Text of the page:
Keep in mind there is a difference between guitar cases (which are hard shelled) and gig bags (which are usually soft nylon).
Both will help transport your guitar – but a gig bag doesn’t really offer a ton of protection.
Non-Essential Guitar Accessories
This is stuff that you don’t need, but you may want.
Most in-home guitar players will never need a guitar strap.
However, if you ever plan on playing with other musicians or playing gigs – you’ll need a strap.
I’d even consider moving this up into a more essential item if it’s going to get a lot of use.
If you plan on performing with a guitar strap you should also take the time to practice at home with a strap… just to get used to it.
Lastly, if your child is learning to play sometimes a guitar strap can help keep the guitar in the correct position.
This isn’t always the case – I’ve had kids who find the strap distracting – just a thought.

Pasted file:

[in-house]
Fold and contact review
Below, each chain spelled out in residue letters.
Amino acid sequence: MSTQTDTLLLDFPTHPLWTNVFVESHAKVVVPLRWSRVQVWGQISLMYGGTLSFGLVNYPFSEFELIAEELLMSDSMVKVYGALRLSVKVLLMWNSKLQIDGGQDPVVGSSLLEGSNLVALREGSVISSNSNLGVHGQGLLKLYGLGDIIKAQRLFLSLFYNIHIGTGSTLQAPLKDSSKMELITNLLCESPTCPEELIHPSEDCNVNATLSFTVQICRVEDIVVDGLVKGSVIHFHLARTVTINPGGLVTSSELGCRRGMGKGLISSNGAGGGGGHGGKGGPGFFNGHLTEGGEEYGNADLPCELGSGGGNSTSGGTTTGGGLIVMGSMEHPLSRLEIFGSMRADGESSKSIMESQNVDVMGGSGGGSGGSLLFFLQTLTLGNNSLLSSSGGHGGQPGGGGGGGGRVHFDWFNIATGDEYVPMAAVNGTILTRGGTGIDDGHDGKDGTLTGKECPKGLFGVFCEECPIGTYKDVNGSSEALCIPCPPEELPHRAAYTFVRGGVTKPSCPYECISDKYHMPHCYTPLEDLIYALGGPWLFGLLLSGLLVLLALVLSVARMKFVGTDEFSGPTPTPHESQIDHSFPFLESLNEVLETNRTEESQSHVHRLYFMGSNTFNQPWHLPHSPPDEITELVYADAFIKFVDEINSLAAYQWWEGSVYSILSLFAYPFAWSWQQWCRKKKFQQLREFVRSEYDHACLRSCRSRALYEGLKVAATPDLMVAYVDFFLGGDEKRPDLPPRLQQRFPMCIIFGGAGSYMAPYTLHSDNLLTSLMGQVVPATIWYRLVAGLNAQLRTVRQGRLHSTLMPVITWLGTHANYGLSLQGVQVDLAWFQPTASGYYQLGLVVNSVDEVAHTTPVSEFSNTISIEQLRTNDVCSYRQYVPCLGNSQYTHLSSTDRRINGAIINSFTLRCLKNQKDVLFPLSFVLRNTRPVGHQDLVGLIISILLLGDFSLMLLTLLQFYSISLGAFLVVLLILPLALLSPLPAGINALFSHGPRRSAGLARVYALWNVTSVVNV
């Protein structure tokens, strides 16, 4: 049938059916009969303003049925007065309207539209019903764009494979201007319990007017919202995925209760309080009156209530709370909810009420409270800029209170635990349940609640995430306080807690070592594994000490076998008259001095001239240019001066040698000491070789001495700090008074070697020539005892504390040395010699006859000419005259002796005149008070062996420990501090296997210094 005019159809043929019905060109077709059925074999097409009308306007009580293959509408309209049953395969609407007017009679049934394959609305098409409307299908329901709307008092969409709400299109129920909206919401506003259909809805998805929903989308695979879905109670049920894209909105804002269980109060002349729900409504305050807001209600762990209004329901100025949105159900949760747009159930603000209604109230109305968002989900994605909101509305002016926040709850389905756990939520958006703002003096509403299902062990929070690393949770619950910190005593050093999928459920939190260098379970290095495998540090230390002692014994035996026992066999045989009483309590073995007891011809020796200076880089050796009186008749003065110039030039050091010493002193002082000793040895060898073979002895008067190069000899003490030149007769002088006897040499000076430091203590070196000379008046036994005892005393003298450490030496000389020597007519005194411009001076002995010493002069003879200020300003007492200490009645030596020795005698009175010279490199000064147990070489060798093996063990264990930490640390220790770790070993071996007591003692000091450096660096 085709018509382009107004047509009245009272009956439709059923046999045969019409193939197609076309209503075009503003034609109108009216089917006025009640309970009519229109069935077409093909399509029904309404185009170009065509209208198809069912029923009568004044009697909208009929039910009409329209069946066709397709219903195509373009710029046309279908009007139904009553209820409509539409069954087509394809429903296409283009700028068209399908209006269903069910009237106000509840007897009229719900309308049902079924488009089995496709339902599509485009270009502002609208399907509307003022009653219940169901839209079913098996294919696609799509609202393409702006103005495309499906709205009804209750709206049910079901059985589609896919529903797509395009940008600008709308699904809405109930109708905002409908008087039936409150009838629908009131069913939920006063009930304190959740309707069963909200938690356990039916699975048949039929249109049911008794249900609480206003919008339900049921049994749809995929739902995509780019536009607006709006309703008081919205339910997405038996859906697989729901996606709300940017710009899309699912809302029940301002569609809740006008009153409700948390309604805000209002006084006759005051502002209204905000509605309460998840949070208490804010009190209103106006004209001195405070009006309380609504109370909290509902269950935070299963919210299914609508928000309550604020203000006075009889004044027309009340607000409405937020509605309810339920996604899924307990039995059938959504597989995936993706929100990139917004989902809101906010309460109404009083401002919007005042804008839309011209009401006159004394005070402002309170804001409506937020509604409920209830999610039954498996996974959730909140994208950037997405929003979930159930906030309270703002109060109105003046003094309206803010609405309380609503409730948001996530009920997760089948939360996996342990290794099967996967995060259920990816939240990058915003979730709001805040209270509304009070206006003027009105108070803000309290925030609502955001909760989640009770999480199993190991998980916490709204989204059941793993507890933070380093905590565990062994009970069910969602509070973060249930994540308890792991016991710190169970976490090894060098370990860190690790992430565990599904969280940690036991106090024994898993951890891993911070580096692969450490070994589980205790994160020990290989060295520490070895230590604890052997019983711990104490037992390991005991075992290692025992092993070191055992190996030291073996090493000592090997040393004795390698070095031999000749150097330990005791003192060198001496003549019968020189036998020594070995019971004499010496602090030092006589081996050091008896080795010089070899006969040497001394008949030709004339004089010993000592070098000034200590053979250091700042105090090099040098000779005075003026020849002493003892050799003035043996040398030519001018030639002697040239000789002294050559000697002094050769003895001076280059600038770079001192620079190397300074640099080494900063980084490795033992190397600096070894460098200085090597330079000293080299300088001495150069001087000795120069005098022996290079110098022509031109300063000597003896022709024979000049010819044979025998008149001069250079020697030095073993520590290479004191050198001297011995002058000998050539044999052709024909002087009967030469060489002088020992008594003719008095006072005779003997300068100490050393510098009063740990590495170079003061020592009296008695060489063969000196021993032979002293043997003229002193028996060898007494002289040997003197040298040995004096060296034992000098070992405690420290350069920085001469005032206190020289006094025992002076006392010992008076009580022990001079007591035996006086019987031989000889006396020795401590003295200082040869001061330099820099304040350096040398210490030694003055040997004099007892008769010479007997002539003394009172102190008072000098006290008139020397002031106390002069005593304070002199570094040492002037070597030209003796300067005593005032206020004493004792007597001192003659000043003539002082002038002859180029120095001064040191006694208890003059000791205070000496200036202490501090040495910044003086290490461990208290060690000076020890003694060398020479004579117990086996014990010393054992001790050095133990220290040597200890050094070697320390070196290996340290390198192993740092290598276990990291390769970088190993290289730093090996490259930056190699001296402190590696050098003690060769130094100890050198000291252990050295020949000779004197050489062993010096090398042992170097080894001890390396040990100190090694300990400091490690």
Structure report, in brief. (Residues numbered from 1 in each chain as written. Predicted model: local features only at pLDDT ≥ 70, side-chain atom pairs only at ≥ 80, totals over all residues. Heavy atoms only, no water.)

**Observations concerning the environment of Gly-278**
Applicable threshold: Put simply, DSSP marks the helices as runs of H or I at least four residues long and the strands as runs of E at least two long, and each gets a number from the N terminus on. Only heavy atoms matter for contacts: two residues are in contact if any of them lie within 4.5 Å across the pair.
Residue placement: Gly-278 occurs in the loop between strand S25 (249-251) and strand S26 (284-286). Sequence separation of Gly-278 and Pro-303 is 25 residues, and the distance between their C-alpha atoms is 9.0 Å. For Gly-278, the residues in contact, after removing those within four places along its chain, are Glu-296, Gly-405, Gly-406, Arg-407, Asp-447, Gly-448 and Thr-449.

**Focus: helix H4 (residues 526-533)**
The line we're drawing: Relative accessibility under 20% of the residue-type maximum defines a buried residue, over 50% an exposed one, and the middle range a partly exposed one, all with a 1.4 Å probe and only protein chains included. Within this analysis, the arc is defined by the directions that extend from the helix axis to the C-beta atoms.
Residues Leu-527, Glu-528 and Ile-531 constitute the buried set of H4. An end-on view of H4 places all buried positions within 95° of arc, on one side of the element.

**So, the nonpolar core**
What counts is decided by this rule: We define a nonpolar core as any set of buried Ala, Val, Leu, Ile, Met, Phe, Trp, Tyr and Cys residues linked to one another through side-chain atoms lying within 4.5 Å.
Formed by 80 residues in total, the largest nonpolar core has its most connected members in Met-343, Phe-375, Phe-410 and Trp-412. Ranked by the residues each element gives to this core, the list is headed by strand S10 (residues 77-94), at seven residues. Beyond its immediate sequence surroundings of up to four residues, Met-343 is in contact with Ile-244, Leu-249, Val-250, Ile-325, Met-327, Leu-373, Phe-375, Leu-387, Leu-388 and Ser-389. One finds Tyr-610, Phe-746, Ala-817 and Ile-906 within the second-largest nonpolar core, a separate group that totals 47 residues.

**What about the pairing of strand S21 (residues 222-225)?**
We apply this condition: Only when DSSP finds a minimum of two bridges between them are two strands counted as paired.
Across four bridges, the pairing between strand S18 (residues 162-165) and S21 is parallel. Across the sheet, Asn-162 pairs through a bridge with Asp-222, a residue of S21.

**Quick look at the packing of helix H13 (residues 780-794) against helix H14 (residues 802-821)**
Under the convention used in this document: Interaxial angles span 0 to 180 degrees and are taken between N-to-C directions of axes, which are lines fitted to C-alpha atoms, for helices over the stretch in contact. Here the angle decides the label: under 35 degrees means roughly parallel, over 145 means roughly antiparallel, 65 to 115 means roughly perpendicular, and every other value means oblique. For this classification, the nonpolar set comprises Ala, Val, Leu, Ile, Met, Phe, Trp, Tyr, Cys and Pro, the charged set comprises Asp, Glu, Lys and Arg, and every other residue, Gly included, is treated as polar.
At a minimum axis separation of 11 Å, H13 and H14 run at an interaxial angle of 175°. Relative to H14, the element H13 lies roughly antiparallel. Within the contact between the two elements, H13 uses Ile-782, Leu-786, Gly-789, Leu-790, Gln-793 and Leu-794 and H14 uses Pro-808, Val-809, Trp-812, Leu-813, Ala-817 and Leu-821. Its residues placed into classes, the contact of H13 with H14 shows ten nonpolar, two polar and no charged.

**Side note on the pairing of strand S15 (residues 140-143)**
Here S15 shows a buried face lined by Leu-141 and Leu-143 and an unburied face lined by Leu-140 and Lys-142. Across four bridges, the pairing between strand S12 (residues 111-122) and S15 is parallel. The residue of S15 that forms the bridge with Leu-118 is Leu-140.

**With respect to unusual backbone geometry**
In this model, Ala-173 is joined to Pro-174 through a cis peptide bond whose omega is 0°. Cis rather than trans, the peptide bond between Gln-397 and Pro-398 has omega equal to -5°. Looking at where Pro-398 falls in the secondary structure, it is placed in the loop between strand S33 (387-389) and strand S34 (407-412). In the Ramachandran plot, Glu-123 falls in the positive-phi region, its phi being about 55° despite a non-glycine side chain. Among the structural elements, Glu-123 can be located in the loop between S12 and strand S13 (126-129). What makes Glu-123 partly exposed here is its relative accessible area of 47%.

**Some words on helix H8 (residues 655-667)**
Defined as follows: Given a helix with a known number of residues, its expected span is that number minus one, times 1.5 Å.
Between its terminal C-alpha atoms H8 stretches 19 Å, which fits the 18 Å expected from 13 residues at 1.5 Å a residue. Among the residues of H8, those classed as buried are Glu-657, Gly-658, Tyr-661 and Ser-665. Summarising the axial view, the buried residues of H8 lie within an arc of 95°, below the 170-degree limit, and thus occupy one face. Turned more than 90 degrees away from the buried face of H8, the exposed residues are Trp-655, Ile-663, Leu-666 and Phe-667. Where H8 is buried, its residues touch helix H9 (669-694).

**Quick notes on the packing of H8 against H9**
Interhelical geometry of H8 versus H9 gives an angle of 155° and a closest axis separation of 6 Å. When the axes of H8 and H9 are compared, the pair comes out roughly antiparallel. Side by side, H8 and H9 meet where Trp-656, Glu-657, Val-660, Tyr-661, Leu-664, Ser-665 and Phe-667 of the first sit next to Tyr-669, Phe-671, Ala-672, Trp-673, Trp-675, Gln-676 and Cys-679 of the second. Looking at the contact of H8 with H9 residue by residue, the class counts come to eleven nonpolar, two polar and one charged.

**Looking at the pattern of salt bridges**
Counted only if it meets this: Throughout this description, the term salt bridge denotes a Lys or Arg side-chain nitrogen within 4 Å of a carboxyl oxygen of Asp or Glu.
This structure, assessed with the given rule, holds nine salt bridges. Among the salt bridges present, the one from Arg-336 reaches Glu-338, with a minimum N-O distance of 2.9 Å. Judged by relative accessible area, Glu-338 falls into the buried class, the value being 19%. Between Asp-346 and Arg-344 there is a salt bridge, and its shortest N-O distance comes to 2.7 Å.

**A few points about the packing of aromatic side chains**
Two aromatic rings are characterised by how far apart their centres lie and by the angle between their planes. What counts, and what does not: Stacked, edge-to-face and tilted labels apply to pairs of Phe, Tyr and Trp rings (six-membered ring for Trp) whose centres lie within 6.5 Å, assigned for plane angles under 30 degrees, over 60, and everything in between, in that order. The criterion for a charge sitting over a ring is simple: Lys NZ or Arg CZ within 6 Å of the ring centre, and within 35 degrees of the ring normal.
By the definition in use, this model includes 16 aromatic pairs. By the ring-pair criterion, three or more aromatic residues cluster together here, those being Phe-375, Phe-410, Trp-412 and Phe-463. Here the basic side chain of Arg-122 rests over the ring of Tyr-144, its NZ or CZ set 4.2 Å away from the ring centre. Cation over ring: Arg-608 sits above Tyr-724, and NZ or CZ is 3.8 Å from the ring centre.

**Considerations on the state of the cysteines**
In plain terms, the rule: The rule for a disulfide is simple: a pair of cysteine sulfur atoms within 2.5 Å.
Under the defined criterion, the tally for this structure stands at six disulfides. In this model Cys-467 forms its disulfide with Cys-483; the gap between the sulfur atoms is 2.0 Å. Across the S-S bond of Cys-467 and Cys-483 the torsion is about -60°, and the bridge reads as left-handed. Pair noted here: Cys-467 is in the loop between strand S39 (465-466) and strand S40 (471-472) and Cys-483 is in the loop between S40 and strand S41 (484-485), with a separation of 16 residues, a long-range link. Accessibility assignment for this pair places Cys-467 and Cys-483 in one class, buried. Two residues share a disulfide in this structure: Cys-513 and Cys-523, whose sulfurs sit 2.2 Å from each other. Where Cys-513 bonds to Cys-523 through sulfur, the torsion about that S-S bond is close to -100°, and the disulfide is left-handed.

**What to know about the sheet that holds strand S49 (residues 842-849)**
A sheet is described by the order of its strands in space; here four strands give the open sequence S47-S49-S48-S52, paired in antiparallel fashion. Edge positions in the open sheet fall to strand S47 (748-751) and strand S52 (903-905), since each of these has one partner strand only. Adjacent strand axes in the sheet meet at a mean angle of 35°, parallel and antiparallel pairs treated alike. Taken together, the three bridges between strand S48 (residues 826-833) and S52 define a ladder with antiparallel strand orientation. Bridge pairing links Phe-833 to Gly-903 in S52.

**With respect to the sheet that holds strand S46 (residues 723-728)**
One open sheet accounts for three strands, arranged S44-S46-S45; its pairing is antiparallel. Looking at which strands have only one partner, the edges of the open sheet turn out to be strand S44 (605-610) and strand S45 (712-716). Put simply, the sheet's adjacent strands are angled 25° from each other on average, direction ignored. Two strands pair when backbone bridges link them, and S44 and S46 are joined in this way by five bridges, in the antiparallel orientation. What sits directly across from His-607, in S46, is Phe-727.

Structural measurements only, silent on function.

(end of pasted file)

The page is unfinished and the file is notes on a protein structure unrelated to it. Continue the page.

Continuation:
This little guy saves me a ton of time, frustration, and finger pain when changing guitar strings.
You basically pop that little fat/wide part on your tuning pegs/keys and wind your strings.
Again – simple and easy.
I’ve had one like the winder pictured above since I was in 5th grade.
I use it every time I change my (or my students’) guitar strings.
Please don’t put your guitars away in a guitar case and leave them hidden away forever.
But don’t leave them on the floor or leaning up against your walls or furniture.
Instead, keep them safely tucked into a guitar stand.
I never seem to have enough stands around (maybe because I have a guitar buying problem: see figure 1a below):
You’ll notice the one guitar hanging on the wall. If you want to do that, just grab one (or two) of these guitar wall hangers.
I’m not super well versed in the use of guitar humidifiers.